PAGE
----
Edelson said last summer, they sent out a survey to students to ask about their concerns and needs. She said chief among them were isolation and loneliness, as well as student fears of getting sick and spreading the virus.
“We assembled a task force of students and staff,” she said. “We sketched out a plan for how we would operate. We are fortunate that we have a large patio space and a socially distance-friendly environment. We offered one-on-one and small group programs and other limited in-person programs.”
She noted that “we have really seen a lot of appreciation from students on that programming. We were able to continue a lot of our existing programs, just modify them. These students really trusted Hillel.”
While the pandemic has transformed life on campus for Jewish students, anti-Semitism and attacks on pro-Israel students continued as well. The switch to remote learning brought something new for individuals, social groups and organizations of all kinds as instances of “Zoombombing” emerged.
At the same time, universities saw a continued uptick in faculty engaging in anti-Zionist behavior and activity, attempts to link Zionism to racism, and outright anti-Semitic impulses.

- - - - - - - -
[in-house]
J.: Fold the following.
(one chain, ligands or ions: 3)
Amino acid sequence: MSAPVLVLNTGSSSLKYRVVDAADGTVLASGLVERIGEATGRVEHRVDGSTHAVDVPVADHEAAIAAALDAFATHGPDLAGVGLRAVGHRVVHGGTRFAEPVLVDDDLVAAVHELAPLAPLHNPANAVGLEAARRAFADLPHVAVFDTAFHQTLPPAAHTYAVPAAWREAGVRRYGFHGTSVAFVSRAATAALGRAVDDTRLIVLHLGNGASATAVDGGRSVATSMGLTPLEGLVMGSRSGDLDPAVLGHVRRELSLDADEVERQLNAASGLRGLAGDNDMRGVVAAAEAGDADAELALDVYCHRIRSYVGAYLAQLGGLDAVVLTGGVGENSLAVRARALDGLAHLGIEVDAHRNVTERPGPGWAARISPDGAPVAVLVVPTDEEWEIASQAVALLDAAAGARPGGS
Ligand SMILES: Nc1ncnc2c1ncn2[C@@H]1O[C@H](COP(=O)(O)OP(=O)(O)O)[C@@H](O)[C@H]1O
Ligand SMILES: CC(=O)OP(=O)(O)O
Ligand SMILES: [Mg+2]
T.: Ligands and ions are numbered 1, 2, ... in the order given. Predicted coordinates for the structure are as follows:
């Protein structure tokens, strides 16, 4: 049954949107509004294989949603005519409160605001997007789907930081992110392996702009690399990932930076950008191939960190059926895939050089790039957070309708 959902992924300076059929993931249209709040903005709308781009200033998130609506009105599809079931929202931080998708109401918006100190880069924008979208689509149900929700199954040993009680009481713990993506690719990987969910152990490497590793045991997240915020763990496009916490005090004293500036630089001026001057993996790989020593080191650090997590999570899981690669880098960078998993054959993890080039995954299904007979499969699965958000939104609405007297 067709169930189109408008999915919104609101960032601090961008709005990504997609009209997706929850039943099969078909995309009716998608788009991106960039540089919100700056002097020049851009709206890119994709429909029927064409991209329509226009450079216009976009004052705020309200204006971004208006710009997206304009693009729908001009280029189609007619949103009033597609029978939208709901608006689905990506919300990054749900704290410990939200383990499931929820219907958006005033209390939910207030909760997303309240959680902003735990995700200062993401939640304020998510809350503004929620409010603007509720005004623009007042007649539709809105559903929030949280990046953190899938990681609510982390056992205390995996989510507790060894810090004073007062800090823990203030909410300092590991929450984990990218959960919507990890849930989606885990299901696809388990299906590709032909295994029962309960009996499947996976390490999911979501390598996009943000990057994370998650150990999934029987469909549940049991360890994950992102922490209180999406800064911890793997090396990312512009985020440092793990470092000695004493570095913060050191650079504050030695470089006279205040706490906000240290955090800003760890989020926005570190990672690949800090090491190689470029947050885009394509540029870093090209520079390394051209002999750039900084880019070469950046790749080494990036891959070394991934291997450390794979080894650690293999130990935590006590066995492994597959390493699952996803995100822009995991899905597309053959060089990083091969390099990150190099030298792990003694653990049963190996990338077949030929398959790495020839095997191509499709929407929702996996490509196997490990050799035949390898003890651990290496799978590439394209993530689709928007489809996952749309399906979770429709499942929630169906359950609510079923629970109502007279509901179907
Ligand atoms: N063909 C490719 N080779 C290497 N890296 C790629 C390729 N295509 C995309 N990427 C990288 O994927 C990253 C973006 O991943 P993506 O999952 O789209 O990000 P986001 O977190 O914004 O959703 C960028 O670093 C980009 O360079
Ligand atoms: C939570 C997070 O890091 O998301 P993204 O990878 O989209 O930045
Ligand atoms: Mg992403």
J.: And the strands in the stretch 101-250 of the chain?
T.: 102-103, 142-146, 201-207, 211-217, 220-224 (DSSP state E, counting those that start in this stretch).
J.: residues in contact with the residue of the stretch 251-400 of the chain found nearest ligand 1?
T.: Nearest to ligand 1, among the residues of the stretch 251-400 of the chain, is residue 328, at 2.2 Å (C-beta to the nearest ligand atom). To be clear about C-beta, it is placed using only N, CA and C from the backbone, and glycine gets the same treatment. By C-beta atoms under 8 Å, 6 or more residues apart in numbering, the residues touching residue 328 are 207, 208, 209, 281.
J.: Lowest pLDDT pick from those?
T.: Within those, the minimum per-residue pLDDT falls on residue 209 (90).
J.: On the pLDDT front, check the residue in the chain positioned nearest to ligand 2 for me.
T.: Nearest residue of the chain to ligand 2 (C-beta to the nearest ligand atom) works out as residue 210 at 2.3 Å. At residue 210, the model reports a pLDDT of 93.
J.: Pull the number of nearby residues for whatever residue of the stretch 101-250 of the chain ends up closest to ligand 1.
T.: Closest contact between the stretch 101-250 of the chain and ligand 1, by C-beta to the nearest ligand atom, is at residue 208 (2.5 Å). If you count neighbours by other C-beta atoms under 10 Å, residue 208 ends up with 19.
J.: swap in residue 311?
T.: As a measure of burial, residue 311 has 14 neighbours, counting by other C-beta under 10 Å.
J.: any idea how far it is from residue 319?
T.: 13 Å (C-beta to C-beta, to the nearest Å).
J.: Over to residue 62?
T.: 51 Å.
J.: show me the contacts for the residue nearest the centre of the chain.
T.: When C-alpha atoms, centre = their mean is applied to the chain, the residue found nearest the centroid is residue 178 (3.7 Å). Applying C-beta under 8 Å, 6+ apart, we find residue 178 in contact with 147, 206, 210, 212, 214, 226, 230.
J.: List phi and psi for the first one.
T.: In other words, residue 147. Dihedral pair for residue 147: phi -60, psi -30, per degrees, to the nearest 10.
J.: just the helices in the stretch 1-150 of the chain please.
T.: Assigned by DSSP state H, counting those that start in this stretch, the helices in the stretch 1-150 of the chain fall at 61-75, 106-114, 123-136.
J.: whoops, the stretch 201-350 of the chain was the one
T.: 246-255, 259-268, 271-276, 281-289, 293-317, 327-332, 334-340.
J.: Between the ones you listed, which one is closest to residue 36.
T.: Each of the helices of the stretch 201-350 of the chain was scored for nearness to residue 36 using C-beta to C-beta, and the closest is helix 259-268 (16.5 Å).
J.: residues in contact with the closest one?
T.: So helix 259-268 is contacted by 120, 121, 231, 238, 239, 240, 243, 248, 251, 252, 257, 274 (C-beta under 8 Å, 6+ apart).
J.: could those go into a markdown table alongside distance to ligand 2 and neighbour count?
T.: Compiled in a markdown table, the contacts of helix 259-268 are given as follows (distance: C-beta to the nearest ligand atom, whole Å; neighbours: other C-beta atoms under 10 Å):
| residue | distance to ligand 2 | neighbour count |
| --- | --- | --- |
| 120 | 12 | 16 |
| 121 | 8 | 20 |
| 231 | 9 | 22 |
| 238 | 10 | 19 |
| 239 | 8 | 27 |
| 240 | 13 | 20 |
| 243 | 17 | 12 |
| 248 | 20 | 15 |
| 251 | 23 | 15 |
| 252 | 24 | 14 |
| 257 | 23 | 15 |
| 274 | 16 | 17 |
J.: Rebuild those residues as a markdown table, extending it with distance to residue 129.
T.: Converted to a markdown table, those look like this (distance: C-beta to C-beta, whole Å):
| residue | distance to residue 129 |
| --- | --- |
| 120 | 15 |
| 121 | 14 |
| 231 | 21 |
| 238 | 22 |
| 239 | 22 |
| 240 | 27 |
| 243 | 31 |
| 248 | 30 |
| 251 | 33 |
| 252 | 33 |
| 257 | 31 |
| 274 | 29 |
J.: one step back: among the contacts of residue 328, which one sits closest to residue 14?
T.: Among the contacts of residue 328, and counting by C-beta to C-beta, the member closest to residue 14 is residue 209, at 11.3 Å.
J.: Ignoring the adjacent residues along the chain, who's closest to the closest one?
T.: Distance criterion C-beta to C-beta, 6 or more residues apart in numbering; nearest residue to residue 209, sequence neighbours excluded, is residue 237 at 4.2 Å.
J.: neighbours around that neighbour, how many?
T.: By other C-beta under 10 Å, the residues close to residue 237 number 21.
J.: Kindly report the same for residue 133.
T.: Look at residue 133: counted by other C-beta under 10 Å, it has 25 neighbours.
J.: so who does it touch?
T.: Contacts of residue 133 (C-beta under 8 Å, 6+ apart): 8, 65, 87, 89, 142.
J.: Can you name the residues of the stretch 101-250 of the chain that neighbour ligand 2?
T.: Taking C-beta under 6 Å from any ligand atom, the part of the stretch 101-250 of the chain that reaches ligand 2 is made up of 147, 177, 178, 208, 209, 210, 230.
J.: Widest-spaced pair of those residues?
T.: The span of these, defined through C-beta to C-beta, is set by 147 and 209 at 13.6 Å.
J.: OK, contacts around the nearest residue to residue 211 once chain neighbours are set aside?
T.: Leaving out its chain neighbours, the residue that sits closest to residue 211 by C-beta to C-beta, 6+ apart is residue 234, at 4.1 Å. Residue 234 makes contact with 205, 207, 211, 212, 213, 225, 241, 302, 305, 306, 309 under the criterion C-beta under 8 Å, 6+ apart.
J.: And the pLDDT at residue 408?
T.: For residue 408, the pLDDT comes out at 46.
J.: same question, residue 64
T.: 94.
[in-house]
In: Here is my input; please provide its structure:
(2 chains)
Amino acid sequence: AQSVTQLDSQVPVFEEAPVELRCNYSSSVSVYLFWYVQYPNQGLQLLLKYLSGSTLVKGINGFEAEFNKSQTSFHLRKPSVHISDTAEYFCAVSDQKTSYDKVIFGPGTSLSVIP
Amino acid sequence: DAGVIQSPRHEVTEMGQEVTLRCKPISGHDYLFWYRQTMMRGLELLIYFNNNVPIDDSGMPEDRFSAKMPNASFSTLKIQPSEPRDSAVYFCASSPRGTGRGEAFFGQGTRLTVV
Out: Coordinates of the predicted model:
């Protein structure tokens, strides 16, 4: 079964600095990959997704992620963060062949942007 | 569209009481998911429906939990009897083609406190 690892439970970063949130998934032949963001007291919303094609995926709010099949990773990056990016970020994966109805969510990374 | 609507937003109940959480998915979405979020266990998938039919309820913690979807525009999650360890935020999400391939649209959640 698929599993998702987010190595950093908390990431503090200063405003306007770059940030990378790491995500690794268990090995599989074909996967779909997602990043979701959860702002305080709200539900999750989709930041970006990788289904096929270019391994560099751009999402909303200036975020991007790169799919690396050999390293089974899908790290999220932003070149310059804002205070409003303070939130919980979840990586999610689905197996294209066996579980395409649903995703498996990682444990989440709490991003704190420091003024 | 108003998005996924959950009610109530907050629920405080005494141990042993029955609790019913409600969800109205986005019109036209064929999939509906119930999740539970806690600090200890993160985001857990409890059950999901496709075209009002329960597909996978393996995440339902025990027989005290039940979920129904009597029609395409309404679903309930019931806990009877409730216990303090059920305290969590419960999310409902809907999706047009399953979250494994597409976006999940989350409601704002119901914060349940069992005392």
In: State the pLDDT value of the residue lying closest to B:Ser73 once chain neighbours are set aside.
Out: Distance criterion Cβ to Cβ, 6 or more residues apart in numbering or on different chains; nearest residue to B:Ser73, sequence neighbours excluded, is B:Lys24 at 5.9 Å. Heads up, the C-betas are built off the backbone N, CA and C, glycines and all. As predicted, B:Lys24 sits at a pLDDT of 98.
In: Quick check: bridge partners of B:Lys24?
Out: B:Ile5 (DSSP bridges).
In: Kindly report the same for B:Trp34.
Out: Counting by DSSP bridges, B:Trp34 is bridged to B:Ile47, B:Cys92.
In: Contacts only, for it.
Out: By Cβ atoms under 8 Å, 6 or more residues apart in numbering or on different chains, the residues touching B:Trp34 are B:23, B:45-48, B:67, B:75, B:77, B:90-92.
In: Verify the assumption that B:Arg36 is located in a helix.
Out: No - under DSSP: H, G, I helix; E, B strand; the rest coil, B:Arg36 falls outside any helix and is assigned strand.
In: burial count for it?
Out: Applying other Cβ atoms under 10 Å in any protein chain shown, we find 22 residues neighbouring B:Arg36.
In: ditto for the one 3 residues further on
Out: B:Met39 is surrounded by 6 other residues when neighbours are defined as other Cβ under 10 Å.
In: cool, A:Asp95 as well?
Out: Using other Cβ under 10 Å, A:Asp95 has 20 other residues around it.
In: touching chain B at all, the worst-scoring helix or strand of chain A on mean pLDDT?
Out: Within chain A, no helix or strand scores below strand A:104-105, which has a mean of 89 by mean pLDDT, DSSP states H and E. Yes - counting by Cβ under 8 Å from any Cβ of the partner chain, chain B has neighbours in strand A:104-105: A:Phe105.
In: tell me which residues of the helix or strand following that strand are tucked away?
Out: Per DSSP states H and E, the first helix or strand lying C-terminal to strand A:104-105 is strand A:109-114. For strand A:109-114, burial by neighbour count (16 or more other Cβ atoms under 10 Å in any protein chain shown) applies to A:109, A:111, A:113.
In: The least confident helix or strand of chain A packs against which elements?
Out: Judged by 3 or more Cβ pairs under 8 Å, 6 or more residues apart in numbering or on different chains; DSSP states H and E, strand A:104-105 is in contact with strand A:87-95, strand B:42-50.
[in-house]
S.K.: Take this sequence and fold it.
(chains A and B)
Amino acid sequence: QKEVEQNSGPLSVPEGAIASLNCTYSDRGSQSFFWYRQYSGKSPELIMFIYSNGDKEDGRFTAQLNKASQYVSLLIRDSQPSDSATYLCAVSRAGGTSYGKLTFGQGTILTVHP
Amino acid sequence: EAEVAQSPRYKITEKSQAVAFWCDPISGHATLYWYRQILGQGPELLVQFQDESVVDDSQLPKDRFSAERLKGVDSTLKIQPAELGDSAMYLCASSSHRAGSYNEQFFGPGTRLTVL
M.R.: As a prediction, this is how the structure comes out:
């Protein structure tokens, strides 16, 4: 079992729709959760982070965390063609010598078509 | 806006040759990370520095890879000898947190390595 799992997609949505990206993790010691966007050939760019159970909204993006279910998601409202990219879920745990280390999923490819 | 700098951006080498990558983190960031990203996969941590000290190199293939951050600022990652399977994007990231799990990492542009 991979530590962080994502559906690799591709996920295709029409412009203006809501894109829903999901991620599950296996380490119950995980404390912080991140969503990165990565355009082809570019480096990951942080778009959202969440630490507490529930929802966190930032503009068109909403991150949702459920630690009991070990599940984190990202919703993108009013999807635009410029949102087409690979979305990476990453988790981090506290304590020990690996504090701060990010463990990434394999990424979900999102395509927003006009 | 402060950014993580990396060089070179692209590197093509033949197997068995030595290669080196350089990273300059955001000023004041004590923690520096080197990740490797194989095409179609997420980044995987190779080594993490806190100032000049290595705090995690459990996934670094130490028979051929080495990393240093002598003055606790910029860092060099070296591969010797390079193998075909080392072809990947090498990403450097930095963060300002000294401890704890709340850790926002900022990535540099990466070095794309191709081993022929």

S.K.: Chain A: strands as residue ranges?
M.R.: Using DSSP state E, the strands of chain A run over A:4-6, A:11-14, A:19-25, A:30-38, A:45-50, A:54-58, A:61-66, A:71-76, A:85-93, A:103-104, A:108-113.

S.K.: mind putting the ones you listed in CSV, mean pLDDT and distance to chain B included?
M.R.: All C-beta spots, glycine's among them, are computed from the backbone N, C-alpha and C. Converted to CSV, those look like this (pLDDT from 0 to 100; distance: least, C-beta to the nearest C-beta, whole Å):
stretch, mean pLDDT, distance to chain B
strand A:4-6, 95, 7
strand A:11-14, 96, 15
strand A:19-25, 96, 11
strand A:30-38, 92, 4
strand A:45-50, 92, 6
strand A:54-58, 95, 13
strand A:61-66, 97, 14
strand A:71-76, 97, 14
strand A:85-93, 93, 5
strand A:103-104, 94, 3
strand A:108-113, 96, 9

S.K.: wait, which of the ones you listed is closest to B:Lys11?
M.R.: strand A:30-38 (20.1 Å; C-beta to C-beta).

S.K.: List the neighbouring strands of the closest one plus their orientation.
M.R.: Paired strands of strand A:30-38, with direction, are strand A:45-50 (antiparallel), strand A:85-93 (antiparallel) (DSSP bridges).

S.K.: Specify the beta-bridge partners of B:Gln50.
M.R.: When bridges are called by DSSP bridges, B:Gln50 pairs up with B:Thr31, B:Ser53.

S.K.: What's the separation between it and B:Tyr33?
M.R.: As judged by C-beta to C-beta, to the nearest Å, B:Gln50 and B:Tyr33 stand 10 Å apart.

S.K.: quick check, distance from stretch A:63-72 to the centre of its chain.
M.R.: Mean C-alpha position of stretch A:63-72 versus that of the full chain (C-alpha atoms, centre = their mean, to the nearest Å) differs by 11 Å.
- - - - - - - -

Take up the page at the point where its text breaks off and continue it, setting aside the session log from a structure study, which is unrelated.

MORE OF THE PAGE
“It really is sad and unfortunate that anti-Semitism has actually increased during this period, rather than decreased, but that is the reality we’re facing,” said Lehman.
Indeed, last year Hillel said it measured 178 anti-Semitic incidents on North American campuses it serves, which was an all-time high, even though some campuses were closed due to the pandemic.
“We took a very active and aggressive role in intervening when anti-Semitism and other anti-Israel activities have arisen on campus. This has been true at more than a dozen campuses across North America and during this past year,” said Lehman.
Lehman noted that they have set up a number of programs to help campus professionals and student leaders to address anti-Semitism and anti-Israel hatred on campus.
One of them, he explained, is “an Israel action program that equips Hillel professionals and student leaders with the resources that they need to navigate BDS campaigns and other anti-Israel campaigns, so that we can nip those in the bud when they arise.”
And last summer, Hillel launched the Campus Climate Initiative, which works with university administrators and staff to train them on recognizing and confronting anti-Semitism.
“The administration is in the best position to rein in rogue faculty members who sometimes have taken completely inappropriate positions outside the bounds of their roles when it comes to delegitimizing and demonizing Israel,” he said.